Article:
If you did this to make the GIK 'match' the BIABacus target gravity of 1.042, why do you have in Section M GIB 1.053? Did you measure a 1.053 before adding the 0.8 gallons? You would enter the actual gravity in Section M, after dilutions.

You have your efficiency set to 65%, you used 2 more pounds of grain than needed, producing at least 7 points more at the pre-volume gravity. A full volume BIAB like you did here normally gets about 83% efficiency.

I recommend leaving that efficiency field blank.
Thanks!

You just answered one question I had which is "which gravity to enter pre-boil". From your response it should be my GIK post dilution or 1.042. As for why I've set my efficiency to 65%, my first 5 or 6 batches using BIABacus I was regularly getting 62-65% EIK based on BIABacus' calculations with the efficiency field left blank resulting in my O.G.'s falling way short of target. Once I forced BIABacus to 65% I was getting much closer to the expected O.G. including two previous batches of this Guinness clone with the exception of this batch. The only difference with this batch was I substituted Ireland Stout Malt from Ireland Malting Company in place of Maris Otter. I've read that Ireland Stout Malt converts very well as evidenced by this batch.

So, do I account for the 0.8G dilution water in my measured VIB as I've done in the two files attached previously? I'm thinking this will throw off actual EIK since BIABacus is going to think I got 0.7G more liquor at the target GIK out of the mash then I actually did. If enter the dilution in Sect. W BIABacus assumes I held back mash water which I didn't.
Last edited by youngdh on 26 May 2015, 06:25, edited 1 time in total.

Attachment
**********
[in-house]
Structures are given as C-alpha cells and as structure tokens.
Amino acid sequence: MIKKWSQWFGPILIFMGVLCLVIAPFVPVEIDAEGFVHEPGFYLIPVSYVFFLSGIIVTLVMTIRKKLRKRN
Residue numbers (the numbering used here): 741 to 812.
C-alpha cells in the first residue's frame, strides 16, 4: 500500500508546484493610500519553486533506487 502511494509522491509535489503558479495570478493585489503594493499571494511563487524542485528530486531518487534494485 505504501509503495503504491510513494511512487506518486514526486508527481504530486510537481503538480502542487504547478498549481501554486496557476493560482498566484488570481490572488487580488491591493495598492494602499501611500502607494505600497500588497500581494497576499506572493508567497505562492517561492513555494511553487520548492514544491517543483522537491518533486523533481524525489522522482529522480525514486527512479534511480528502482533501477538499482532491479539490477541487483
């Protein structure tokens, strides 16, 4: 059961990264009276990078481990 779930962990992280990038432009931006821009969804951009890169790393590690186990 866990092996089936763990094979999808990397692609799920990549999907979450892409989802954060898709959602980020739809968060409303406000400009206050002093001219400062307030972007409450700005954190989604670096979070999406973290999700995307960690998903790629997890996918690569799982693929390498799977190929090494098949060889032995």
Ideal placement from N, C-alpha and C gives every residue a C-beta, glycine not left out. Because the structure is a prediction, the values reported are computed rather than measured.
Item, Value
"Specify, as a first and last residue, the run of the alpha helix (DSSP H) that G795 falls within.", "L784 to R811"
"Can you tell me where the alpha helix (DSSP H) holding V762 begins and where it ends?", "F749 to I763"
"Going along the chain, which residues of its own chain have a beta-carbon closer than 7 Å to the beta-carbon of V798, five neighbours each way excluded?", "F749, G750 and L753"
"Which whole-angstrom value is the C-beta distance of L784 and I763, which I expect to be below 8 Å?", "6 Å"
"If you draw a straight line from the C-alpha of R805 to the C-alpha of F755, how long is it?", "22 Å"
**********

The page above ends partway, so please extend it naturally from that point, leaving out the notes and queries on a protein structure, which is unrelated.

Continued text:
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Post by Mad_Scientist » 2 years ago

So, do I account for the 0.8G dilution water in my measured VIB as I've done in the two files attached previously? I'm thinking this will throw off actual EIK...
Was your VIB 21.62L? Then that and the 1.042 is your efficiency into boil.
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Post by youngdh » 2 years ago

Mad_Scientist wrote:
So, do I account for the 0.8G dilution water in my measured VIB as I've done in the two files attached previously? I'm thinking this will throw off actual EIK...
Was your VIB 21.62L? Then that and the 1.042 is your efficiency into boil.
After adding the dilution water it was 21.62L. Coming out of the mash and after squeezing my bag it was 4.9G.

Perhaps I'm asking the wrong questions in my original post. When I brew this recipe again in a year and look at this batch in BIABacus how should I record my volumes and gravities so I know next time I overshot my GIK by 10 points and had to add 0.8 gallons of water to dilute down to the target GIK given my malt bill?

Thanks for your help on this :-).
Last edited by youngdh on 26 May 2015, 07:48, edited 1 time in total.
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Post by Mad_Scientist » 2 years ago

Your 21.62 L is the mash volume after squeezing at boil, at mash temp it was 2% less volume.

I don't know what the 4.9 gallons is.

On your next brew, copy this file, remove all numbers in Section L-R, and set your efficiency to 76%.


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Post by youngdh » 2 years ago

Mad_Scientist wrote:Your 21.62 L is the mash volume after squeezing at boil, at mash temp it was 2% less volume.

I don't know what the 4.9 gallons is.

On your next brew, copy this file, remove all numbers in Section L-R, and set your efficiency to 76%.